Continuing from where he left off with Gogol’s The Government Inspector, Richard Jones’ production of a Public Enemy at the Young Vic delves deeper into small town communities and how the introduction of an outside force – be it the arrival of a government official or a report of a contaminated water supply – inexorably leads to the exposure of the venality and hypocrisy of those in positions of responsibility, and those who are able to exercise power.
Running at a brisk 100 minutes and dispensing with the interval in order to allow the play to build towards a frenetic and frenzied conclusion, David Harrower’s updated text reworks Ibsen’s Enemy of the People into a 1970’s setting. In this he is aided by a superb set design from Miriam Buether and costumes from Nicky Gillibrand that immediately places the location in a Scandinavia of the 1970s.
Updating Enemy of the People has an advantage of other Ibsen plays in that the central plot device feels as relevant today as when it was written. The tainting of the water supply is something that doesn’t seem so unlikely to a society who has seen the Yangtze River turned the colour of blood and minor earthquakes hit Blackpool following adventures in fracking.
Jones’ Public Enemy reminds us once again of Ibsen’s skill of placing characters in the most exquisite of personal dilemmas – forced into positions that expose their venality and corruption to the world. Each passes under the lens of his microscope, and each ultimately fails to take the action that would potentially redeem them.
The character spared this examination is the Merchant Seaman who, one feels, has avoided the corrosive effects of the community by spending so much time outside it. He is the only one to stand by Dr Stockman, and it is not through self-interest but through that vein – also echoed in Dr Stockman’s daughter, Petra – of 1970’s Scandinavian communalism.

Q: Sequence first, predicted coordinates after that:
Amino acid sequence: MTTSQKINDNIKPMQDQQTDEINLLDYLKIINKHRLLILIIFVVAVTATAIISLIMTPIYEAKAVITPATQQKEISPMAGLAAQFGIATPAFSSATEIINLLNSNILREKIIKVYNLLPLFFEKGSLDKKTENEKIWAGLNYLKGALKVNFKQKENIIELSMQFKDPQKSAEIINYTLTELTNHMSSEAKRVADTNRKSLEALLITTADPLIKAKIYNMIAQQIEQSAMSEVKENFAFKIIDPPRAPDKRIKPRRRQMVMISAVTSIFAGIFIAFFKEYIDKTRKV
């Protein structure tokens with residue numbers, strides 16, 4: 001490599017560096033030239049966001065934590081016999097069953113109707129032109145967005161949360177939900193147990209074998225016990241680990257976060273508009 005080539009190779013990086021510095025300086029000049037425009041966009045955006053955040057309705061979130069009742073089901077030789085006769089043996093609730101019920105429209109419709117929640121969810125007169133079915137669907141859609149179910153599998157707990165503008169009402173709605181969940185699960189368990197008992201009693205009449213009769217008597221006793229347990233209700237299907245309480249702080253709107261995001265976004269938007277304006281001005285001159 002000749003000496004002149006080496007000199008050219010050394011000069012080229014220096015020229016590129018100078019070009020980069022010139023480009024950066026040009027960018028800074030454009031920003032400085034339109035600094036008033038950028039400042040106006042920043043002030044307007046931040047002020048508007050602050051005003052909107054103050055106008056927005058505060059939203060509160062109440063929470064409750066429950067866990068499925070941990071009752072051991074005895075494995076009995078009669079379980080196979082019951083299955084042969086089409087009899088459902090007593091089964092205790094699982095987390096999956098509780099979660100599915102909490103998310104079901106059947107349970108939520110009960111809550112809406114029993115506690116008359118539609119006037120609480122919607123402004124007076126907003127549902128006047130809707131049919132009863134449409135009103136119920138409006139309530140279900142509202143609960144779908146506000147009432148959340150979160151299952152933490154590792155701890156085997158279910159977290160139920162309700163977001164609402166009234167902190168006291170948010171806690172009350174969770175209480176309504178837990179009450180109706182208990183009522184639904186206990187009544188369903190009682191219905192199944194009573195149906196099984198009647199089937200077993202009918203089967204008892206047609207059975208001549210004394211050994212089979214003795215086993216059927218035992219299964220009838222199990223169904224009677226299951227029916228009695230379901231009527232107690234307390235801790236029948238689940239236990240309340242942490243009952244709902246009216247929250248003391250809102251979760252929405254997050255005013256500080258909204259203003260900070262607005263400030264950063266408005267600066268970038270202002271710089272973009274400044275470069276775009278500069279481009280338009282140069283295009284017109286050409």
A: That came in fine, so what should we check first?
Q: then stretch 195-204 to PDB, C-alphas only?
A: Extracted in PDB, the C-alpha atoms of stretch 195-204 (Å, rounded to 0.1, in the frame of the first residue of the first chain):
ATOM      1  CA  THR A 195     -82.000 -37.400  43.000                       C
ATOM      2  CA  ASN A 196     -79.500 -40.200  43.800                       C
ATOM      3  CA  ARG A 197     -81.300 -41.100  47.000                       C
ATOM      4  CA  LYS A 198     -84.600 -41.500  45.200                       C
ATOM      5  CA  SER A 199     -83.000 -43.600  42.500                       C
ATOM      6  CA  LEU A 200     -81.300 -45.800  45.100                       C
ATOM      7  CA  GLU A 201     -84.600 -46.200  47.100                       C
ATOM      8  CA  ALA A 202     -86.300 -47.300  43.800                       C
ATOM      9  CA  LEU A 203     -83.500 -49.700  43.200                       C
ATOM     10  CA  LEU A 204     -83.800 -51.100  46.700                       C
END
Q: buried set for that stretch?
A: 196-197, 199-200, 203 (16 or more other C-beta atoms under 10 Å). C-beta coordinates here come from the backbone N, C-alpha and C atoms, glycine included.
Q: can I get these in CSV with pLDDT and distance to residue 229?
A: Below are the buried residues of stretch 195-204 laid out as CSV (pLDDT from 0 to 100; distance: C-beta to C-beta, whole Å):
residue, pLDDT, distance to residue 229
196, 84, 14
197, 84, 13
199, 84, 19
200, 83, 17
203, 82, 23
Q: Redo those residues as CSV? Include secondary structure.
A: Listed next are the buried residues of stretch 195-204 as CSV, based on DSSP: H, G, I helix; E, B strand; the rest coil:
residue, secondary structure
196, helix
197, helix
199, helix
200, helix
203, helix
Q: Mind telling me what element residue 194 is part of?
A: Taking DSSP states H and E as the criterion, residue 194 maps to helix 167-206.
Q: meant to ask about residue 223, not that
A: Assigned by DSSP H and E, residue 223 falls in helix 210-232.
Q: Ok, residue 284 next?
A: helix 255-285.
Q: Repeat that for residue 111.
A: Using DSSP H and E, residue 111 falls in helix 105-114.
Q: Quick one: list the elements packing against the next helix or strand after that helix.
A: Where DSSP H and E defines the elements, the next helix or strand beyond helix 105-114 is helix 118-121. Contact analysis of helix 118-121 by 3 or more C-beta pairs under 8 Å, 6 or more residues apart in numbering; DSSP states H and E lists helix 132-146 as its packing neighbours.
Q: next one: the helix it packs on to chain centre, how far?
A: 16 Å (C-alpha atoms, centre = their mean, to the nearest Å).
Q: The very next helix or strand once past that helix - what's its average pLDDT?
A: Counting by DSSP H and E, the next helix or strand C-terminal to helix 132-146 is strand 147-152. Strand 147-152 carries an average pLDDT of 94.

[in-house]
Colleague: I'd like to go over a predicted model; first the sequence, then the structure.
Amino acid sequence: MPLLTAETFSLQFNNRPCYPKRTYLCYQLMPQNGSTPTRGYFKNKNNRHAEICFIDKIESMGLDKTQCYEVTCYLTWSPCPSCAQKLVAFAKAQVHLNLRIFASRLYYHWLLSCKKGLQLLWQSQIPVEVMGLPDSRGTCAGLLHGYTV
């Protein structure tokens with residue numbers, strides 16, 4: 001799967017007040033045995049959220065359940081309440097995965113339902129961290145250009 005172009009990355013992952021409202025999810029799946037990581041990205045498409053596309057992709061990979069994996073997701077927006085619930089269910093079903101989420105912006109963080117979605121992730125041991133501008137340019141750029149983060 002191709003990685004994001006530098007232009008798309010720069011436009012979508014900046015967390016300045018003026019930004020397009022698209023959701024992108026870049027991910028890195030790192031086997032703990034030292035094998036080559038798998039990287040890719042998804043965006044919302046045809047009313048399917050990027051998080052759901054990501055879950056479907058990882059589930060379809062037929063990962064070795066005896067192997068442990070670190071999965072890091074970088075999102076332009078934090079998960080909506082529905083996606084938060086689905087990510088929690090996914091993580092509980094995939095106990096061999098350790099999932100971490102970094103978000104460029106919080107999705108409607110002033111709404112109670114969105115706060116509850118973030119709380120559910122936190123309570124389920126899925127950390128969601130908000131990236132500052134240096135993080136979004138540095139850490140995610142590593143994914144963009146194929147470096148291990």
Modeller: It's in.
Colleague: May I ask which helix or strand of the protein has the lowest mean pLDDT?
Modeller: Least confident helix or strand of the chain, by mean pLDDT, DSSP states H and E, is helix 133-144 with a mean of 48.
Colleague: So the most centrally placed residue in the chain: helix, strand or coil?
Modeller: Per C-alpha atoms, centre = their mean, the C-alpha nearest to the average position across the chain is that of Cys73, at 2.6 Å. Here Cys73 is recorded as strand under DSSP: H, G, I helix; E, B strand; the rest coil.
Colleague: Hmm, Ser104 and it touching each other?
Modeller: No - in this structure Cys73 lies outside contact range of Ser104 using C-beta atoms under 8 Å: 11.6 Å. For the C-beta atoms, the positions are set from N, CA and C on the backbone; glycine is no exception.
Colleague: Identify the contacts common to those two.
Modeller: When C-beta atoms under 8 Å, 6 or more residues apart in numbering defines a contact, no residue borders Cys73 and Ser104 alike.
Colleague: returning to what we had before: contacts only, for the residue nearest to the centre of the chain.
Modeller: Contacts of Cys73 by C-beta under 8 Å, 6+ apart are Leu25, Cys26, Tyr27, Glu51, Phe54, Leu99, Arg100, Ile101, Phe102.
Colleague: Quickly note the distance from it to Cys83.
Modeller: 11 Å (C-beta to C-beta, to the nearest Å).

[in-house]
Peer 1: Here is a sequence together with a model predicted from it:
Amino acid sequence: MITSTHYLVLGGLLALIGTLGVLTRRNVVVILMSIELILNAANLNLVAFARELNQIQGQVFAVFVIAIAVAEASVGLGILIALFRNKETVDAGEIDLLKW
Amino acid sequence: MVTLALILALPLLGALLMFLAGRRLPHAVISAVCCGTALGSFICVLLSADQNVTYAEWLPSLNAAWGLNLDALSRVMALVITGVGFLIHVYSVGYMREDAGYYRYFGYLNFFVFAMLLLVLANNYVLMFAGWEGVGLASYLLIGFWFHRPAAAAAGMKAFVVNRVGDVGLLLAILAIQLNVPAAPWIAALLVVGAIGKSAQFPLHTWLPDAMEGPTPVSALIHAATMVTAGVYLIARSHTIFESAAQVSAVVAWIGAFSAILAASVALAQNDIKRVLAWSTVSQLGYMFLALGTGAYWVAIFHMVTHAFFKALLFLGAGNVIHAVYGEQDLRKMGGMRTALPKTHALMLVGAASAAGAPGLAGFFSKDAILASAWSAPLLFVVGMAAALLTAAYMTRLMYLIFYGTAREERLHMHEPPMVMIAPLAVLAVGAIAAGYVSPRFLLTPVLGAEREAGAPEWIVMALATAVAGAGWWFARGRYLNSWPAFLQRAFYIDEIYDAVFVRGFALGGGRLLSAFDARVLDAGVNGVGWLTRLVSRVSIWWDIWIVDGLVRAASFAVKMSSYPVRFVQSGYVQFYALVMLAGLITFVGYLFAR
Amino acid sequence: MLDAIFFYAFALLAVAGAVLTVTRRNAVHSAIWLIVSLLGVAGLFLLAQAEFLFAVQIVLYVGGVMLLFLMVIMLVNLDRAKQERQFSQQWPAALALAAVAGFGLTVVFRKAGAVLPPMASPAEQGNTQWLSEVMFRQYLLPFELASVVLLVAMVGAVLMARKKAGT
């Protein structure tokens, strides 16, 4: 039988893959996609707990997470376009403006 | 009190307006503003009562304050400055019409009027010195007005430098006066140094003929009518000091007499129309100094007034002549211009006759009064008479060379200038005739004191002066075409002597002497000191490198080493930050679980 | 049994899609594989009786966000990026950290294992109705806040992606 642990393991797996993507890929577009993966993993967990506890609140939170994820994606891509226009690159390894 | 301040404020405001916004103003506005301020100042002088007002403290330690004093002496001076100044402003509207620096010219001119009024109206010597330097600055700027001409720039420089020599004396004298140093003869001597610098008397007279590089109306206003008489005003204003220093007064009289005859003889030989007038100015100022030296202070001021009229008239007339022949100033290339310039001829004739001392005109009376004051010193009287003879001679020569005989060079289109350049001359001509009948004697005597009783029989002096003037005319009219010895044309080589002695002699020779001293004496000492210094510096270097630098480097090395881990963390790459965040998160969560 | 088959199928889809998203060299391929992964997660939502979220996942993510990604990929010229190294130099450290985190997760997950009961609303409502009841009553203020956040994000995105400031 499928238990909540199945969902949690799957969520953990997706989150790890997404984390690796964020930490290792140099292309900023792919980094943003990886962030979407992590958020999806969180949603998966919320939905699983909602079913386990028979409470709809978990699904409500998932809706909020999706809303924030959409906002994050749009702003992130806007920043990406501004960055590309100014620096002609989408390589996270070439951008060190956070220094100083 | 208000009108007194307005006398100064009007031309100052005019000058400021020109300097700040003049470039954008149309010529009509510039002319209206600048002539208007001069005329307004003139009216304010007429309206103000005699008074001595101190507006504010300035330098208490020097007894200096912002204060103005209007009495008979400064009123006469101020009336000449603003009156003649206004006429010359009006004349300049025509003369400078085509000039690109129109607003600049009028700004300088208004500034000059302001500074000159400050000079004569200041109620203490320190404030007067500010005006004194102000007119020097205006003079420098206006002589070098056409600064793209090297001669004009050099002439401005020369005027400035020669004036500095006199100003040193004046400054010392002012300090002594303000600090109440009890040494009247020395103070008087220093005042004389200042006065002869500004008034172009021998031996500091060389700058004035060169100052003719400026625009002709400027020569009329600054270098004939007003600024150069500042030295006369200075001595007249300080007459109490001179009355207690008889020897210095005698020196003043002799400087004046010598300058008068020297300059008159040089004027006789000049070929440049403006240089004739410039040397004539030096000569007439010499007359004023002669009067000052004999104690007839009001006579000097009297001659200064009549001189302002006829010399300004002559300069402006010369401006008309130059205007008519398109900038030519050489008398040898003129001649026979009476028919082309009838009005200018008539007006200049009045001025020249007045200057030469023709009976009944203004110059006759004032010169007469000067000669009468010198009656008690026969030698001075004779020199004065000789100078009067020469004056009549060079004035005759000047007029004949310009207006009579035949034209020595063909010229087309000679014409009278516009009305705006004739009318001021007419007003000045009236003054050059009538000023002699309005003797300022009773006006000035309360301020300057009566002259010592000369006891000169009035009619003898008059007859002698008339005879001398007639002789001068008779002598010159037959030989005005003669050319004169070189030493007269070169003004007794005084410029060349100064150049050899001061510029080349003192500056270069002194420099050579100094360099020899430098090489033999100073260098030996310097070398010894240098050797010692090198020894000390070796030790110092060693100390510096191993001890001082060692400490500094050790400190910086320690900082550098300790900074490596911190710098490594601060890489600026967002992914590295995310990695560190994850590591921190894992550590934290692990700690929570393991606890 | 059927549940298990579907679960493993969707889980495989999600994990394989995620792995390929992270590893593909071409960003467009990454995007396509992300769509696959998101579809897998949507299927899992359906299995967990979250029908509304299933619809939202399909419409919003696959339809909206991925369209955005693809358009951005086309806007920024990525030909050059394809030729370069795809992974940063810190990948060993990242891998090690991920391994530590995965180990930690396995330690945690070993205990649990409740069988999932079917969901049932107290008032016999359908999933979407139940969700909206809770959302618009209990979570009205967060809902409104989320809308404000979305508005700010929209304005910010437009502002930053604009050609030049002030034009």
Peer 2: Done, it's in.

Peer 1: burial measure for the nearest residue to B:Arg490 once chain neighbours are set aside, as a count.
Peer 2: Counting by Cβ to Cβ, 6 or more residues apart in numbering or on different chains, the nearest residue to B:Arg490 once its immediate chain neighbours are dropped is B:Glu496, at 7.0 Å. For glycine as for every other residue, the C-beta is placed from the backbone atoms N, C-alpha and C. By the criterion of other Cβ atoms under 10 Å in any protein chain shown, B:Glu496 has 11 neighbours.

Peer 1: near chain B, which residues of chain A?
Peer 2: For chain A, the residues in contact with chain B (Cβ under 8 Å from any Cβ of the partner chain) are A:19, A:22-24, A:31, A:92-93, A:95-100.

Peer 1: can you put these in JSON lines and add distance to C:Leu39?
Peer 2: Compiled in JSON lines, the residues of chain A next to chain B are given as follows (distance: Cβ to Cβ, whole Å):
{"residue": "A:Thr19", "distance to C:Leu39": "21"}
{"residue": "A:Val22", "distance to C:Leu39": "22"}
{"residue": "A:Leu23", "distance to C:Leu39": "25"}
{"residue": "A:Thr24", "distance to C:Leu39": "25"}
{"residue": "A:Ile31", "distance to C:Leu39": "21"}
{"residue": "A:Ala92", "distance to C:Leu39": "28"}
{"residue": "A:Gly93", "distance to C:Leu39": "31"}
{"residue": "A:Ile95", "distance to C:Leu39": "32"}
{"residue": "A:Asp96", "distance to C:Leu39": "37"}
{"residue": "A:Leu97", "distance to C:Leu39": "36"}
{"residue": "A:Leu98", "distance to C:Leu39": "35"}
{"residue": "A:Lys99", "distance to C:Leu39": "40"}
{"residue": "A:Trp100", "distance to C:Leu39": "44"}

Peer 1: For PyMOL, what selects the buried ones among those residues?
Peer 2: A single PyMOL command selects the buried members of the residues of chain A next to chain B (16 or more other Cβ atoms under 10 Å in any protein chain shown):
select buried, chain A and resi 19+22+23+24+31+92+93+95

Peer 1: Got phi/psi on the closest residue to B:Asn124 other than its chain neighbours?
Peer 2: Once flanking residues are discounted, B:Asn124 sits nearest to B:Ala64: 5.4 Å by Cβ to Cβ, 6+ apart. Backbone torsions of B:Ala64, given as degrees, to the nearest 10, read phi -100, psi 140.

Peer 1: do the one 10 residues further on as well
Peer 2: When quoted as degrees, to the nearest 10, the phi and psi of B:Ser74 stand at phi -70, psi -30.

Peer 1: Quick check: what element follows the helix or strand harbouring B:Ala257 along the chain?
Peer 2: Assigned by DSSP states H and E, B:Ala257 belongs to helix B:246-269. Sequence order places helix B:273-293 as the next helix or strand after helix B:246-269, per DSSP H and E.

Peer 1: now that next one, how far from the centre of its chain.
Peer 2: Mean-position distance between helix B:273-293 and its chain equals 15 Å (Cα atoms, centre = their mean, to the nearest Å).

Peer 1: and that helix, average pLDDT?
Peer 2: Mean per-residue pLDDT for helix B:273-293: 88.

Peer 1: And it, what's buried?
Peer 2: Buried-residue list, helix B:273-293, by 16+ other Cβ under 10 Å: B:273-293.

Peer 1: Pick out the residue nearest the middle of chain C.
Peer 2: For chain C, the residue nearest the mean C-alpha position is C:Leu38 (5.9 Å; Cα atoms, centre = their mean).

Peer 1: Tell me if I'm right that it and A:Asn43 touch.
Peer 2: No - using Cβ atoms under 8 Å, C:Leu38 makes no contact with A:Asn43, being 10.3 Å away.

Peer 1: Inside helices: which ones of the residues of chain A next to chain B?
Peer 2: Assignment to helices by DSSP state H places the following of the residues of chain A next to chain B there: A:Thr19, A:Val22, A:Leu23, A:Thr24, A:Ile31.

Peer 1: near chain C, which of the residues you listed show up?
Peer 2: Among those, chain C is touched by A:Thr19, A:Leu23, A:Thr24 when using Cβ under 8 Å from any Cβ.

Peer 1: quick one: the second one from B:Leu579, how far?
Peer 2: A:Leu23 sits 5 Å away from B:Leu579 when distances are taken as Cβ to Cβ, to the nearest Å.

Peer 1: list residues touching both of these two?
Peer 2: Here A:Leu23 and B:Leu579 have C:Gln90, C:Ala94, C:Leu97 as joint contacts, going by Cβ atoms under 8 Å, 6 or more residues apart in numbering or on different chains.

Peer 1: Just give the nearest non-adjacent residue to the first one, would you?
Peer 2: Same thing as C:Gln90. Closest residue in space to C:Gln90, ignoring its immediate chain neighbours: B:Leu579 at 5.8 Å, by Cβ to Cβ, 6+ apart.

There are many plays that aim to expose the underbelly of small town politics but the reason that Ibsen remains relevant after 130 years is his grasp of the crucial difference between holding power and holding authority; as a playwright perhaps only Pinter comes close to matching Ibsen in developing characters for the explicit purpose of exploring the gap between the two states.
In Public Enemy the audience is confronted by Dr Stockman, someone who makes the common mistake of equating power with authority. His position as Doctor and Chief Medical Officer provides him with a platform of authority, and he has a document that has potential to give him great power. However he is undermined by his assumption that it his authoritative position that gives him power and as a result remains blind to the self-interested machinations of those who wield actual power.
These outside interests, the Editor whose newspaper gives him power but who commands little actual authority and the leader of the small business federation who can claim power but has an authority that ultimately resides only in being a mouthpiece for ensuring the continued prosperity of its members, are shown to buckle under the ultimatum given by the Mayor; their weakness is preference for safeguarding their access to power than risk siding with the authoritative but powerless Dr Stockman.
In these exchanges – taking place in wonderfully evocative 70’s settings, be it the Stockman’s front-room, all lurid orange and stripped pine, or a newspaper office that effortless recreates the drabness of Klute or All the President’s Men – we are watching men pincered between their ambitions and their morals.
However Ibsen gives us more than this simple binary choice; just like the original decision to rush through the building of the spa without proper planning, every action has a reaction and what appears to be a simple moral choice unfolds into more complex ethical decision making. The cost of change would have dire consequences – the lack of tourists combined with the cost of the upgrading the piping could cripple the townspeople. Set against this we see Dr Stockman ask the Editor not to allow them to do too much to celebrate his discovery.
A real strength of Jones’ production is to make clear the central flaw in Dr Stockman; that despite his undoubted intelligence on scientific matters, he has a stunning naivety in understanding people. He may have moral right on his side but has no conception that people may choose to think and act differently.